Thursday, November 15, 2012
On Monday, November 19, 2012, at 10:00 a.m., the Farmington Libraries will host its sixth annual Kristallnacht lecture with speakers Ben Cooper and Henny Markiewicz Simon. This year the program features the dual telling of stories from World War II and the Nazi concentration camps—one from the perspective of a German Holocaust survivor and one from an American combat medic who helped in the liberation of the Dachau Concentration Camp.
Henny Markiewicz Simon was born and raised in Hanover, Germany, and is a Holocaust survivor. Her father was able to immigrate to Shanghai, China, but she and her mother were not allowed to follow. Her mother was eventually murdered by the Nazis. Mrs. Simon was imprisoned and later liberated in Poland, where she met her future husband. They were married in August 1945 and on Thanksgiving 1949, she and her family moved to the United States where they bought a farm in Colchester, CT. In 1976, her husband passed away and she went back to school to obtain her GED, a level of schooling denied to her as a Jew in Nazi Germany. She remarried in 1981 and helped her husband run his manufacturing business. He passed away in 2001. Since 1986 she has been speaking at schools and other facilities about her life before, during, and after the Holocaust.
Ben Cooper was born in Avon, CT and is a lifelong resident of West Hartford. He was drafted into the army in September 1942, at which time he was sent to Camp Barkeley, TX, for medical training. In 1944, he married Dorothy Zaitlin and was shipped out to Naples, Italy in September of that year, where he was assigned to the 45th infantry division as a combat medic. He served in France and Germany and took part in the liberation of Dachau Concentration Camp with his outfit. Since 1990 he has been speaking to high school and college students as well as civic groups. He lost his wife in 2009 after sixty-five years of marriage.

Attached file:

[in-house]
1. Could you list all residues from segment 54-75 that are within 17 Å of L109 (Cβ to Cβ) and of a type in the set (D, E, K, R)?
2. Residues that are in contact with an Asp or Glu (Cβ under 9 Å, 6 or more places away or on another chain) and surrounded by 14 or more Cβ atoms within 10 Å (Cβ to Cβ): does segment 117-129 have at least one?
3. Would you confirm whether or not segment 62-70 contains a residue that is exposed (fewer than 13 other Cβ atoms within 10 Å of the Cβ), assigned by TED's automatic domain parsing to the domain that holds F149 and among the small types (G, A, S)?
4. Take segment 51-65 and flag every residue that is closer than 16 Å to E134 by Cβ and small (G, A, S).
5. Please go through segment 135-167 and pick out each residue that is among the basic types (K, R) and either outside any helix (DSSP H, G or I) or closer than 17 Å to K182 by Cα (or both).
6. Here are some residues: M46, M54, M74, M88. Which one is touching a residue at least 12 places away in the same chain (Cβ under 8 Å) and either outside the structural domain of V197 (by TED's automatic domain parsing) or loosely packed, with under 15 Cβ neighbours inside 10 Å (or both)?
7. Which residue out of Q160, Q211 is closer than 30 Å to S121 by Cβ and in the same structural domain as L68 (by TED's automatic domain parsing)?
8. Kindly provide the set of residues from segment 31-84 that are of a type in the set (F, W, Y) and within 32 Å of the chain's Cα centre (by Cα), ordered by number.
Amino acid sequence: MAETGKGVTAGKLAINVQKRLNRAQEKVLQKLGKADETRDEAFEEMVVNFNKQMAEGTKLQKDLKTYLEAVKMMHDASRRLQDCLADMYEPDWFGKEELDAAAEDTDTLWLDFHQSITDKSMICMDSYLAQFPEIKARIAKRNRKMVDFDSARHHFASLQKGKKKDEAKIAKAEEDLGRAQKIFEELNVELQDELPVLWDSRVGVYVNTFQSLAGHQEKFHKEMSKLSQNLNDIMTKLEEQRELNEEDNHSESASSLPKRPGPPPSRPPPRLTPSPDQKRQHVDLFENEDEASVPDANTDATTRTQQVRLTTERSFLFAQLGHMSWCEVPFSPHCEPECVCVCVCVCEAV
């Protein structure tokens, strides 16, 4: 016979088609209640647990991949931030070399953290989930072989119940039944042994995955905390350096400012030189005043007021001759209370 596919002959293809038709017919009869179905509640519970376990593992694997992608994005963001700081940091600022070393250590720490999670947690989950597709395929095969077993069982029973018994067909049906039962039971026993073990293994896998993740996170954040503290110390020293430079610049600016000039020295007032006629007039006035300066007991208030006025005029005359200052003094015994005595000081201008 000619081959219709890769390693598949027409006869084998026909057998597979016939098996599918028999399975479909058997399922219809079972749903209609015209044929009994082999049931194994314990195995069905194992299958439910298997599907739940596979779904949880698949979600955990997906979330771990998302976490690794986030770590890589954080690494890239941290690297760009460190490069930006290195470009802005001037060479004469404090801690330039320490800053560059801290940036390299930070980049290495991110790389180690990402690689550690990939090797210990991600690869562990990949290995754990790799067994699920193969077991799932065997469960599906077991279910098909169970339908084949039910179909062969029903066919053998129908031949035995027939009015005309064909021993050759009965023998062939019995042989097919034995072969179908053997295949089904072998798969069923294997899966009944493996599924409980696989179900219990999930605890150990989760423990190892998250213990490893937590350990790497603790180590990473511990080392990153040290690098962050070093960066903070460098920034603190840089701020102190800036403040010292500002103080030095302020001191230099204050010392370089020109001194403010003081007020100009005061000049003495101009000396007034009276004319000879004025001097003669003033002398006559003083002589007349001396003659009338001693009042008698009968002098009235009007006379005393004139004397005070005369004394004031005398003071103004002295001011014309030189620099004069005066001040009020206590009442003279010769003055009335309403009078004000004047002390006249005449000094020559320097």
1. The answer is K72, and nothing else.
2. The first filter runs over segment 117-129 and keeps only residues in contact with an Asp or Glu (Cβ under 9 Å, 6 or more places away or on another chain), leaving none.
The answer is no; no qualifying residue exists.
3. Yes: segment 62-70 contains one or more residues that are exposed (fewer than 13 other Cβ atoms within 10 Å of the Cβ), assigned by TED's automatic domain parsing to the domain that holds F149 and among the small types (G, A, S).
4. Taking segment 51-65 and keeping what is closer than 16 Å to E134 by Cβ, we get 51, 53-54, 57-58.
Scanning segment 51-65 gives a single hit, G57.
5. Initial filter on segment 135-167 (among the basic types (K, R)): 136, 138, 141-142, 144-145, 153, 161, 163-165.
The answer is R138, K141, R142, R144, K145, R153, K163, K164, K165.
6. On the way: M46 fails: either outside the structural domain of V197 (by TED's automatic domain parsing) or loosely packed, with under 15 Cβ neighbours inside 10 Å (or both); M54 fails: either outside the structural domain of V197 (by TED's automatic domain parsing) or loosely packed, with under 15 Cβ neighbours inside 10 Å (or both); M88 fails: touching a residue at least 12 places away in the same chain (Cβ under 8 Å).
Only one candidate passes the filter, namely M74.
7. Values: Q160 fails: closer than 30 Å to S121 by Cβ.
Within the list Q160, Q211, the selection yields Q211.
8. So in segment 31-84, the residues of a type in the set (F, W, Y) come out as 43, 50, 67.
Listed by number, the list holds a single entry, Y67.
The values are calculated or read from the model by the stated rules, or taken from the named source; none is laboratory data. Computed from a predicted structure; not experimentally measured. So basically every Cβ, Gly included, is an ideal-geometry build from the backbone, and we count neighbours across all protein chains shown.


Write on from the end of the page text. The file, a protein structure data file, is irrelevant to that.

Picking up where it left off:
Kristallnacht, also referred to as the Night of Broken Glass, was a series of coordinated attacks against Jews throughout Nazi Germany and parts of Austria on November 9-10, 1938. German authorities looked on as SA paramilitary and civilians carried out these attacks and covered the streets with broken glass from the windows of Jewish-owned stores, buildings, and synagogues. At least 91 Jews were killed in the attacks, and a further 30,000 arrested and incarcerated in concentration camps. Jewish homes, hospitals, and schools were ransacked, over 1,000 synagogues were burned, and over 7,000 Jewish businesses were destroyed or damaged. This annual event at the Farmington Libraries commemorates the human spirit’s ability to overcome such persecution.
This program is free and open to the public and will take place at 10:00 a.m. at the Farmington main library located at 6 Monteith Drive. Please contact the library to pre-register: 860-673-6791, or visit our web site: http://www.farmingtonlibraries.org/.
If you have special needs in order to attend this program please contact the library in advance. The Farmington Library is part of the Farmington Village Green and Library Association.